One of the objectives of the Pearls in Peril Project is “To SECURE the long term survival of existing freshwater pearl mussel populations and prevent their further degradation”.

The River Ehen in Cumbria is home to the largest and only breeding population of mussels left in England but they are still declining and at critical risk of extinction. 

The Pearls in Peril team have been trialling an innovative technique, termed, bankside artificial encystment to try and boost the mussel population in the River Ehen.


The lifecycle of the freshwater pearl mussel is extraordinary. They spend the first few months of their life growing on the gills of a young fish (Atlantic salmon or trout).

The adult mussel releases several million larvae, called glochidia, in the summer. The glochidium looks like a tiny mussel, measuring less than a 10th of a millimetre long – that’s less than the thickness of a piece of paper!

Photo from FBA - microscopic glochidia

The tiny shells are held open until they are inhaled by the fish, then snap shut on the gill filaments.This association does not appear to harm the fish. The chances of a glochidium meeting a suitable fish are very low; only four in every million will do so. Nearly all are swept away by the river.

The glochidia remain on the gills of the fish and grow in this oxygen-rich environment until the following spring, when they drop off. They must land and burrow into clean, sandy or gravelly substrates in order to survive; if they land in silt or mud they will suffocate.

Due to the essential role young fish play in the life of the mussel, the conservation of Atlantic salmon and trout is central to the survival of the freshwater pearl mussel.

Bankside Artificial Encystment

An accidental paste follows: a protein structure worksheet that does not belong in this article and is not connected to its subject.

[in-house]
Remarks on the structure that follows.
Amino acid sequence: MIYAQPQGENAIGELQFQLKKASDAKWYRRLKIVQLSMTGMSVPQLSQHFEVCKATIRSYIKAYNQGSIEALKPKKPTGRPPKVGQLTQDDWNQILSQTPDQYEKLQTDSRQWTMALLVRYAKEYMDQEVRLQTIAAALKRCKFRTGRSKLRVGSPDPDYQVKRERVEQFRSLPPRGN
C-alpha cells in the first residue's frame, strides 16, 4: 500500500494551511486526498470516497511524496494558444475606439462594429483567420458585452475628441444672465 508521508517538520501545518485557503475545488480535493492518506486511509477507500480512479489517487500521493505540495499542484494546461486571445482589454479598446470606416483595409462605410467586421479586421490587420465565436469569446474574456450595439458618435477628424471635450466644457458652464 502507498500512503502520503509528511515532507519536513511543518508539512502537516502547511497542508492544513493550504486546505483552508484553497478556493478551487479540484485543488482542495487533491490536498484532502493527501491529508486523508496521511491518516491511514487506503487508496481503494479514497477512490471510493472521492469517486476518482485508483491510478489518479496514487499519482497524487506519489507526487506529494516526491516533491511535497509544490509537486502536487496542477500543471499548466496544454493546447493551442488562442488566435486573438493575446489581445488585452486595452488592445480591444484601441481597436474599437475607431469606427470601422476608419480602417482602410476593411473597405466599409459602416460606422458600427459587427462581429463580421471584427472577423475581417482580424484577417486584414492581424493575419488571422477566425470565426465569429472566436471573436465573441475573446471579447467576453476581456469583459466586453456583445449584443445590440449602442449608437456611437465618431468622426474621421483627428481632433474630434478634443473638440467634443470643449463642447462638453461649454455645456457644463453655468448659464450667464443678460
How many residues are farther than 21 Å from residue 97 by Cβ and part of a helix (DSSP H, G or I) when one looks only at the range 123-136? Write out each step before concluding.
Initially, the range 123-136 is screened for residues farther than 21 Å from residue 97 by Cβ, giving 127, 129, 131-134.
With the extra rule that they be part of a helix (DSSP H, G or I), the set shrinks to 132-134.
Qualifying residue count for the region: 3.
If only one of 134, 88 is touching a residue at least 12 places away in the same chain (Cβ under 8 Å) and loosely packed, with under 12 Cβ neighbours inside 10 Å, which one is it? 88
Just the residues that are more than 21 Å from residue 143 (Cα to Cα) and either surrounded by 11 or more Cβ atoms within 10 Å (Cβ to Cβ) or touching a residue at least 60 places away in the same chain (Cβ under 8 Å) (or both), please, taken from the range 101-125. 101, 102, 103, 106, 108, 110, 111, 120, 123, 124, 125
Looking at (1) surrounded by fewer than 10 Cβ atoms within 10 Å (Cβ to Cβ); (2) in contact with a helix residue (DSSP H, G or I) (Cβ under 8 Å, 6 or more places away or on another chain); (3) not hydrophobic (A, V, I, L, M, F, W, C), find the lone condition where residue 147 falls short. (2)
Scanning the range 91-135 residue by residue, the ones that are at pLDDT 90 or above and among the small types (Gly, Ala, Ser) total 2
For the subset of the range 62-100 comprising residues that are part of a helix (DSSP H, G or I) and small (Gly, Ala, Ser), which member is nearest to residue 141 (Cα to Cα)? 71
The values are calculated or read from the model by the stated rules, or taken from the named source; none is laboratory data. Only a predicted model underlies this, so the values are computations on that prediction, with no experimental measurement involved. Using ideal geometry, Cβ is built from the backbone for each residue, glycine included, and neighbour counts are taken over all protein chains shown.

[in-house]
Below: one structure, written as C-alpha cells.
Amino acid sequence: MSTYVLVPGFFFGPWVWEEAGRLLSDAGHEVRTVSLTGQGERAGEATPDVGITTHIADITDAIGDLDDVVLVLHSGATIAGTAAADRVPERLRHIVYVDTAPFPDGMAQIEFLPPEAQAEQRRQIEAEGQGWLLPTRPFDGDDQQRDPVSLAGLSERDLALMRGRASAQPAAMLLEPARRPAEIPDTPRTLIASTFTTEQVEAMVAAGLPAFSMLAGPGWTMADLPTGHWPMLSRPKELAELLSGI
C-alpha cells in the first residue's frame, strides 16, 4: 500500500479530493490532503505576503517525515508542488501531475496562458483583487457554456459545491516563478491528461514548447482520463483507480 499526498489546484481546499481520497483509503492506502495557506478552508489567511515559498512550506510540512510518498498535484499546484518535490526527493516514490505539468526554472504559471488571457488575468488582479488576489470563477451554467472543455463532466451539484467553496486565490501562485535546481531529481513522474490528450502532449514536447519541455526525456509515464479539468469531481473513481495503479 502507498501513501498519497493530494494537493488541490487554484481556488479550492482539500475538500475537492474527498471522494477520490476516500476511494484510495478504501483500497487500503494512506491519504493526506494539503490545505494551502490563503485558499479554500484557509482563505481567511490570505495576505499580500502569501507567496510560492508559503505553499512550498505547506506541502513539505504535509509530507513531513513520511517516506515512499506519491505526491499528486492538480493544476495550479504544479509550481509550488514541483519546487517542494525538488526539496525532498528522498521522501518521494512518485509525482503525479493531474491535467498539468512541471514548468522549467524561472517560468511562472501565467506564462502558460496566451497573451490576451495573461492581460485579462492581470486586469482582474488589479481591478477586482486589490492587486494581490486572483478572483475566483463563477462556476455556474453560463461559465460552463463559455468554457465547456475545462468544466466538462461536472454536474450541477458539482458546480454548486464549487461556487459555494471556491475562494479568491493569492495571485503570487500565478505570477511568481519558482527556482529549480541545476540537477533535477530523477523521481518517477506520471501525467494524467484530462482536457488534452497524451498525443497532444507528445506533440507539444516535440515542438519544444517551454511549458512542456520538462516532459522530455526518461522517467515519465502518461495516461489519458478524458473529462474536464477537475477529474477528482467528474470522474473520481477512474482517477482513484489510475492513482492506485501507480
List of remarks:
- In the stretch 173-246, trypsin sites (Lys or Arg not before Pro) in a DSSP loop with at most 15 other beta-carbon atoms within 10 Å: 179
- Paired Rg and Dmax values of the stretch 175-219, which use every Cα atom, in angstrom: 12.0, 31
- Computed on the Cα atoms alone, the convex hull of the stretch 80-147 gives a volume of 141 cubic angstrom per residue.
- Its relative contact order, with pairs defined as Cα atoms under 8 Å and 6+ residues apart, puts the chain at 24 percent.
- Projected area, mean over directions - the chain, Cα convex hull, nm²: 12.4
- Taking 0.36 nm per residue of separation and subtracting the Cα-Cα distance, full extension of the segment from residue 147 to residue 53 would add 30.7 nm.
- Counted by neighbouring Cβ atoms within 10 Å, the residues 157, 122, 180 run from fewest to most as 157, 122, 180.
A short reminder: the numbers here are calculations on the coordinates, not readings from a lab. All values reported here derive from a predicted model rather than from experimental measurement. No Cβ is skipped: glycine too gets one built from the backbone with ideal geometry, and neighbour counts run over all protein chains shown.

The PiP Team has intervened three years running at the stage in the lifecycle when the mussels release their glochidia into the water column with the hope of being inhaled by a juvenile fish. A special protected species license was essential to be able to undertake this work. 

The first step was to determine when glochidia were about to be released into the river which some literature states is a highly sychronised event potentially triggered by water temperature and oxygen levels. Using specialist equipment, an otoscope and needle, a sample of glochidia was extracted from a small number of mussels which were returned quickly to the river unharmed. The sample was examined using a field microscope. Just before their release, the glochidia resemble miniature mussels and their shells begin to snap in readiness to attach to fish. When they reach this stage, the date of their release is imminent.

Once the date is determined, a team is organised to collect young fish from the river using a technique called electrofishing. The fish are placed in an aerated tank on a shady section of the riverbank to ensure they are kept cool and healthy.

While the electrofishing team are collecting fish, several mussels are collected (under license) and placed in a bucket of river water. Warm water was added to raise the temperature a couple of degrees to simulate a temperatre increase in the river and to induce the females to release the glochidia, the mussels are then returned to the river

The glochidia were then added to the tank with the fish. This maximizes the potential for the glochidia to attach to the gills of the fish in a confined space. After a few minutes the fish were counted, measured and returned to the river, in the hope that they carry the next generation of mussels. This has been termed bankside artificial encystment as it has occurred on the riverbank in a controlled environment.

Around 10 months later, the glochidia have grown large enough to be visible as white blobs on the gills of the young fish. It is at this point that they drop off and bury into the bed of the river to continue to live and grow. 

The attached mini film shows this work.